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Homeland Security Seeks to Commercialize Technology for Tracking Firefighters
The technology, developed by a U.S. Department of Homeland Security research group, consists of ZigBee-based sensors and "breadcrumb" routers that communicate with a base station operated by a firefighter's commanding unit.
Sep 09, 2011—Three months after announcing the development of technology for tracking firefighters within a burning building, the U.S. Department of Homeland Security's Science and Technology Directorate (S&T) has entered into discussions with a number of vendors about how to commercialize the system. The solution consists of wireless technology that tracks a first-responder's location and condition, and transmits that data via a series of "breadcrumb" routers. The goal is to have the technology in use during the coming year, by fire departments as well as by other companies for which a worker's safety and condition could be in question.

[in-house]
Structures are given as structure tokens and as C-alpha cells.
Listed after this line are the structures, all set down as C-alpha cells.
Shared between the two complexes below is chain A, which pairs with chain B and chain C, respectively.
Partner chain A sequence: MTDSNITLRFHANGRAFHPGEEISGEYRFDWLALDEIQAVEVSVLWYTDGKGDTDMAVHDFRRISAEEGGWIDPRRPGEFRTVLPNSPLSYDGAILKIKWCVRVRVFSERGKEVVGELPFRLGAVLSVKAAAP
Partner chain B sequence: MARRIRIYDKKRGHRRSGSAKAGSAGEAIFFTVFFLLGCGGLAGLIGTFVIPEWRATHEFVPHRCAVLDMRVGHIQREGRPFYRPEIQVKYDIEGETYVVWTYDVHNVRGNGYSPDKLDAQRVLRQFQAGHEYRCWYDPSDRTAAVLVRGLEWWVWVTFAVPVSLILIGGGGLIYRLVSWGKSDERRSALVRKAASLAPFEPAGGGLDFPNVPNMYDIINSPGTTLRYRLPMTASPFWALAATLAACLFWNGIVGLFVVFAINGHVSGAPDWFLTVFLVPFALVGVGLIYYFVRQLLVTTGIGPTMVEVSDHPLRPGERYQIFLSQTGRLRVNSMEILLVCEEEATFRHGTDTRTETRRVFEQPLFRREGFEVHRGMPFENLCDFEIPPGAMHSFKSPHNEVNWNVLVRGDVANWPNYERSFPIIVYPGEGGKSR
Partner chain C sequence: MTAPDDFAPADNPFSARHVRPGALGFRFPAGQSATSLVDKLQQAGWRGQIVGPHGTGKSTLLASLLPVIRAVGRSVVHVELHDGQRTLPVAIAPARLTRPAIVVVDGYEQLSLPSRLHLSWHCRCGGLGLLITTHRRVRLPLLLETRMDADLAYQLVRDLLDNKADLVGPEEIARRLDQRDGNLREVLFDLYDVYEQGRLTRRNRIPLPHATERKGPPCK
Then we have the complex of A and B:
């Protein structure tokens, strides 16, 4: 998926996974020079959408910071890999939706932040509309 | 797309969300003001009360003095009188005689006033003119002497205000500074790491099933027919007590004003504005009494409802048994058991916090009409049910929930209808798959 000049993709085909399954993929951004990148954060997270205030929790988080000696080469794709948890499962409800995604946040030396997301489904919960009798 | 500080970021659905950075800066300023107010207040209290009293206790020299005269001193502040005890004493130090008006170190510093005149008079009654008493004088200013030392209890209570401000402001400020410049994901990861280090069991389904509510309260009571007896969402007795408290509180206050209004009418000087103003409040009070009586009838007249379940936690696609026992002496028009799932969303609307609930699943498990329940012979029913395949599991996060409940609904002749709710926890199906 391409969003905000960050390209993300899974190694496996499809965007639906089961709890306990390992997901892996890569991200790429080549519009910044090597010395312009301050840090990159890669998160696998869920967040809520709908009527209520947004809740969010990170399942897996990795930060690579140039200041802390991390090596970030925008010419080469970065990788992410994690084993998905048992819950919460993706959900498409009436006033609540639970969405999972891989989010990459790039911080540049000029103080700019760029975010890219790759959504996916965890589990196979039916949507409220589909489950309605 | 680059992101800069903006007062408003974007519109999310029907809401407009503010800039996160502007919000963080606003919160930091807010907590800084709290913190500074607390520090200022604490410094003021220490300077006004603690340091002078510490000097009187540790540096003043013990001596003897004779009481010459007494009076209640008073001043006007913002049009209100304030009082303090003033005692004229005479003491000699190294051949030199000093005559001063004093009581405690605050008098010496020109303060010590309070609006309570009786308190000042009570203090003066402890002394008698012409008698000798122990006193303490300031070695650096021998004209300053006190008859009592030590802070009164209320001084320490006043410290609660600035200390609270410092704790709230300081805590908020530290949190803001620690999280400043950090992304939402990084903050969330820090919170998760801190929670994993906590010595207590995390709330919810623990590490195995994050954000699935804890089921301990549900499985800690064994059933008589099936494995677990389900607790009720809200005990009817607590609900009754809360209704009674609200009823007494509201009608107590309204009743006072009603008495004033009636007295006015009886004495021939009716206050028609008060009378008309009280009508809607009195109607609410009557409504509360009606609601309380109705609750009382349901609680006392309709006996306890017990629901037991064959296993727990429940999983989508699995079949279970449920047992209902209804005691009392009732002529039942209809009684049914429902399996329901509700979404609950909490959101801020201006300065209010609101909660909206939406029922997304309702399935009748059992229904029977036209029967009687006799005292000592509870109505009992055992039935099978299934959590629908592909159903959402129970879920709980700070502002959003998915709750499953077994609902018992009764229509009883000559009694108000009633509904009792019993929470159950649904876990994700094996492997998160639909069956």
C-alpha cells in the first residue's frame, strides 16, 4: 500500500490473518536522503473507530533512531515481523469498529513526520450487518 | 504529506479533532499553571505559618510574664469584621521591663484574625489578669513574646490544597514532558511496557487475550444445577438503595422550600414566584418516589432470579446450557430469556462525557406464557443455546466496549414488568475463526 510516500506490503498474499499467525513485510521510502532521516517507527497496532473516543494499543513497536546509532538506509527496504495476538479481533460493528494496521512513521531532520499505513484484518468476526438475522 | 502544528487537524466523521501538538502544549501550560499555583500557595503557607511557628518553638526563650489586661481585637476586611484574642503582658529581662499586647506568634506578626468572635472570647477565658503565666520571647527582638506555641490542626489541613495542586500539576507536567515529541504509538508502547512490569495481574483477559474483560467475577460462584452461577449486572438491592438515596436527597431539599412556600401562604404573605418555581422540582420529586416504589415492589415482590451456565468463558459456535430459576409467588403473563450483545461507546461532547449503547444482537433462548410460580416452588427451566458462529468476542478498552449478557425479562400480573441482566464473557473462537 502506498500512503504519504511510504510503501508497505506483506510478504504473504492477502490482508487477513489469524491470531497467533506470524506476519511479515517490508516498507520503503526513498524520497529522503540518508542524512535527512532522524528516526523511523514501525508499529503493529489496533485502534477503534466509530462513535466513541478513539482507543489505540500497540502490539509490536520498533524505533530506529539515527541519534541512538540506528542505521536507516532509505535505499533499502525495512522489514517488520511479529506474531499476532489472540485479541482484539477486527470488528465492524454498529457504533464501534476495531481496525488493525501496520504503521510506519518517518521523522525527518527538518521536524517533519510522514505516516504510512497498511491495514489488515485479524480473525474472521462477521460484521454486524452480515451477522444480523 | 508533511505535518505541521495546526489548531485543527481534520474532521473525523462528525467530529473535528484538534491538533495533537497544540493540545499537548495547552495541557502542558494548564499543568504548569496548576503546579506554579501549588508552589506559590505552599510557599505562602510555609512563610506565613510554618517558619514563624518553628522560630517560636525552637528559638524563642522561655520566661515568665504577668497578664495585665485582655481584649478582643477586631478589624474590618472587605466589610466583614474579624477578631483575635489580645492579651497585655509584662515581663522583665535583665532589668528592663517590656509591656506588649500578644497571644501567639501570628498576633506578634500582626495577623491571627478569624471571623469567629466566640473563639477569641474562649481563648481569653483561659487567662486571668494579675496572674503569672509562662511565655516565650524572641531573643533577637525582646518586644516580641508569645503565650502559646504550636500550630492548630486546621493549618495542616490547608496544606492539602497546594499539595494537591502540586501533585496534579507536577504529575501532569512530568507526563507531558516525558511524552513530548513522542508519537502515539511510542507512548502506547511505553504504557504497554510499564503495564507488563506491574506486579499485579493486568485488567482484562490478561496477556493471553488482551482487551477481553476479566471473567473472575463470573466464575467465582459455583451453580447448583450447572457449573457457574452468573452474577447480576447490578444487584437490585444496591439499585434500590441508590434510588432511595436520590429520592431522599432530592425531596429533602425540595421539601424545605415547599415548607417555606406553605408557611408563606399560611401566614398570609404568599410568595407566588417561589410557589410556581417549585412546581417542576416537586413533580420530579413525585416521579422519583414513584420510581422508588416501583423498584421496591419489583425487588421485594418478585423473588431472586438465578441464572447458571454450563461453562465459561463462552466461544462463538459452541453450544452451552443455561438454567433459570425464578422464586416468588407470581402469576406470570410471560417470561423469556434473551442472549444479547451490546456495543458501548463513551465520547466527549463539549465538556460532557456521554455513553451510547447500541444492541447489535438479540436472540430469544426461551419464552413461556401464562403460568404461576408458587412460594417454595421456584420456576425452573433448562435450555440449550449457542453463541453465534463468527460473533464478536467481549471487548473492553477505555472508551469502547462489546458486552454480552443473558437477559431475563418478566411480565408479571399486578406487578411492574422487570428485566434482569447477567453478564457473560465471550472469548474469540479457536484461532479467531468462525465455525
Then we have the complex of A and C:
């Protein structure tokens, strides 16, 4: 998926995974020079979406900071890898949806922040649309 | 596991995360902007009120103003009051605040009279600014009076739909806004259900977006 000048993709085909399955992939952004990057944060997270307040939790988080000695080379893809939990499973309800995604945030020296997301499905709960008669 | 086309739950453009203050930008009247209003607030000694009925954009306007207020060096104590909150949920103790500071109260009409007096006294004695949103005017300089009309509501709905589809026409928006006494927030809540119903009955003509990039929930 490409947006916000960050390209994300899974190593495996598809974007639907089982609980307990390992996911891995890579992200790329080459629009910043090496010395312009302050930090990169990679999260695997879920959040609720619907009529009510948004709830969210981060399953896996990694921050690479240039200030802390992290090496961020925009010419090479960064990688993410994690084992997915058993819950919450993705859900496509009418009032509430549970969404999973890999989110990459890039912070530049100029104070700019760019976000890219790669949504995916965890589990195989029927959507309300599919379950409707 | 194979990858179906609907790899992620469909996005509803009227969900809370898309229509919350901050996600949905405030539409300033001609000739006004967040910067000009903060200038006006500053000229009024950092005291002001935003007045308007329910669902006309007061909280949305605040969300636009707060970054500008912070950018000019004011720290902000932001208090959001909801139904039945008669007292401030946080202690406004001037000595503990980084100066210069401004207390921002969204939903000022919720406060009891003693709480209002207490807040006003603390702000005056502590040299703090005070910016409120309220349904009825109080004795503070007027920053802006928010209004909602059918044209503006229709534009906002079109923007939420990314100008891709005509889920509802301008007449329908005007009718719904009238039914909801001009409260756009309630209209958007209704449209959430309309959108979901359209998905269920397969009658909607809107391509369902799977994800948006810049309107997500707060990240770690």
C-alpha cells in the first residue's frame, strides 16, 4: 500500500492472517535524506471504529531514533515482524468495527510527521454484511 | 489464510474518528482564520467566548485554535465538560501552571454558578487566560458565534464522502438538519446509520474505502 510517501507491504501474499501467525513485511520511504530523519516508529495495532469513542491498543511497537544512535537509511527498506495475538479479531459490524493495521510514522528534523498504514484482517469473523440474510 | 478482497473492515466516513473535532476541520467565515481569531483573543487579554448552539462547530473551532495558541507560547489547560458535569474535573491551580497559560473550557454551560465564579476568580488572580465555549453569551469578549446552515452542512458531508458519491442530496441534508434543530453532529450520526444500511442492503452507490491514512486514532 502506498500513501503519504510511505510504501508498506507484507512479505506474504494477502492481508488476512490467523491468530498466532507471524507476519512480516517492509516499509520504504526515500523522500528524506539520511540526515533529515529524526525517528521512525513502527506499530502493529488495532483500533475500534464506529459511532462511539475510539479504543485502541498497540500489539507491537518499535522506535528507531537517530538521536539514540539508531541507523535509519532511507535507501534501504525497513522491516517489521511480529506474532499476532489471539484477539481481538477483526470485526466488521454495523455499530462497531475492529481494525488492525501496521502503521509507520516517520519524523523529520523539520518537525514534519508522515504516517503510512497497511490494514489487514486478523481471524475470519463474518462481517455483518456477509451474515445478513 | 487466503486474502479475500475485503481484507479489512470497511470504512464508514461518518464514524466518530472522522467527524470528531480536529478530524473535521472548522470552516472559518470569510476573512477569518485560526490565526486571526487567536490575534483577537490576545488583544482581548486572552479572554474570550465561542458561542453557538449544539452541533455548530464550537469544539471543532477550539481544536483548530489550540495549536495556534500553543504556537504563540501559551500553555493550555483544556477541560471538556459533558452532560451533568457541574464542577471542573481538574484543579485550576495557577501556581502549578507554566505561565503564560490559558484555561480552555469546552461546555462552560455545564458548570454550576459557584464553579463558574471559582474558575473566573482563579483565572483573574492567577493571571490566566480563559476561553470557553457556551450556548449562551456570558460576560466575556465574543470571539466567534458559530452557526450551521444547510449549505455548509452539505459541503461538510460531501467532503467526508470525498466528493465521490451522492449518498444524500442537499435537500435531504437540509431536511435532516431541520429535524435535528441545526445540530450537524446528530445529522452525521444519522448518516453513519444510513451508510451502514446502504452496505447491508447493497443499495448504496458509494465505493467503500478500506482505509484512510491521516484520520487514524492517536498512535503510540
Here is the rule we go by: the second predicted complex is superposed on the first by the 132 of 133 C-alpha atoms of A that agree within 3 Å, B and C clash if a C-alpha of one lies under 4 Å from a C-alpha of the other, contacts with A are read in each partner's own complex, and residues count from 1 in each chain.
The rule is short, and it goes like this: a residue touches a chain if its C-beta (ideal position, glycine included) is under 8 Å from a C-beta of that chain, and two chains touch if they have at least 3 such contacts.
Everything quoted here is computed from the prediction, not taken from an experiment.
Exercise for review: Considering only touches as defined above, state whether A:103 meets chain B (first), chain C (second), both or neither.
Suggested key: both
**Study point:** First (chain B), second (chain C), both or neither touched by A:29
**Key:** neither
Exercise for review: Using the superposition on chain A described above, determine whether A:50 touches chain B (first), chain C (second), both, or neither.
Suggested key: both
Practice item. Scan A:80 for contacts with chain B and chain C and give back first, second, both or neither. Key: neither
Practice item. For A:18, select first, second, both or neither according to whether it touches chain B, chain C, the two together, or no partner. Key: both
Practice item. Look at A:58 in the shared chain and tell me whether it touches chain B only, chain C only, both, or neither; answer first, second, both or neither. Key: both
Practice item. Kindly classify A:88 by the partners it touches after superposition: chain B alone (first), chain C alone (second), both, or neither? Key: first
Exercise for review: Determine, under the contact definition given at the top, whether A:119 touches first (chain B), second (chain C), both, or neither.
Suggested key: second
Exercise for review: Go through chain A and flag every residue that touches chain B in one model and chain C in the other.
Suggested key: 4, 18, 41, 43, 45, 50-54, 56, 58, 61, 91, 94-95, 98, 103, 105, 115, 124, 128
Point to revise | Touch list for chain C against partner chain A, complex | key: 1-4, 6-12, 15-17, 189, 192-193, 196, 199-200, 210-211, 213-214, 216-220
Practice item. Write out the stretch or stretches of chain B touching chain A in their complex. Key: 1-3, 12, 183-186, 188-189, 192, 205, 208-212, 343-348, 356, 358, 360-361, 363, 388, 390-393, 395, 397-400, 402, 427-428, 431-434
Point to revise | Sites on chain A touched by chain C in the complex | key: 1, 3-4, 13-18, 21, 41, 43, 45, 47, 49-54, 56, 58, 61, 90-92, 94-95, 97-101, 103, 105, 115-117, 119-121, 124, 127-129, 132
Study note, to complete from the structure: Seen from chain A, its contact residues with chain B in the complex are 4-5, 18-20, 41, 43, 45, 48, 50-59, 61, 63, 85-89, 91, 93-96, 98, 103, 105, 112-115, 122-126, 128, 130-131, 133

Historically, tracking first-responders within a burning building has required two-way radio contact. Radio frequency identification and other wireless-technology companies have been developing solutions that would allow transponders worn by emergency personnel to transmit to a base station. Ensuring transmission in the presence of metal, concrete and water, however—as well as determining a tag's location as it transmits—has been an obstacle to commercializing such a system.
S&T, which manages science and technology research to protect the U.S. homeland, has developed a potential means to address to this problem. The solution, known as the Wireless Intelligent Sensor Platform for Emergency Responders (WISPER), is designed to keep the transponder in contact with a base station via a ZigBee (IEEE 802.15.4) connection, via tiny "breadcrumbs" that are automatically dropped from a canister (also known as a dispenser) worn by the responder, when needed to form a mesh network.
The breadcrumbs are wireless, battery-powered routers that can receive data and transmit it to the next receiver within range, thereby ensuring that a transmission from a transponder worn by a firefighter makes its way to a base station, where the fire chief or commander outside the building uses a laptop computer to monitor the situation.
WISPER's router, dispenser and base station were developed by Oceanit Laboratories Inc., of Honolulu, and the University of Virginia's Department of Computer Science, under S&T's Small Business Innovation Research (SBIR) program.
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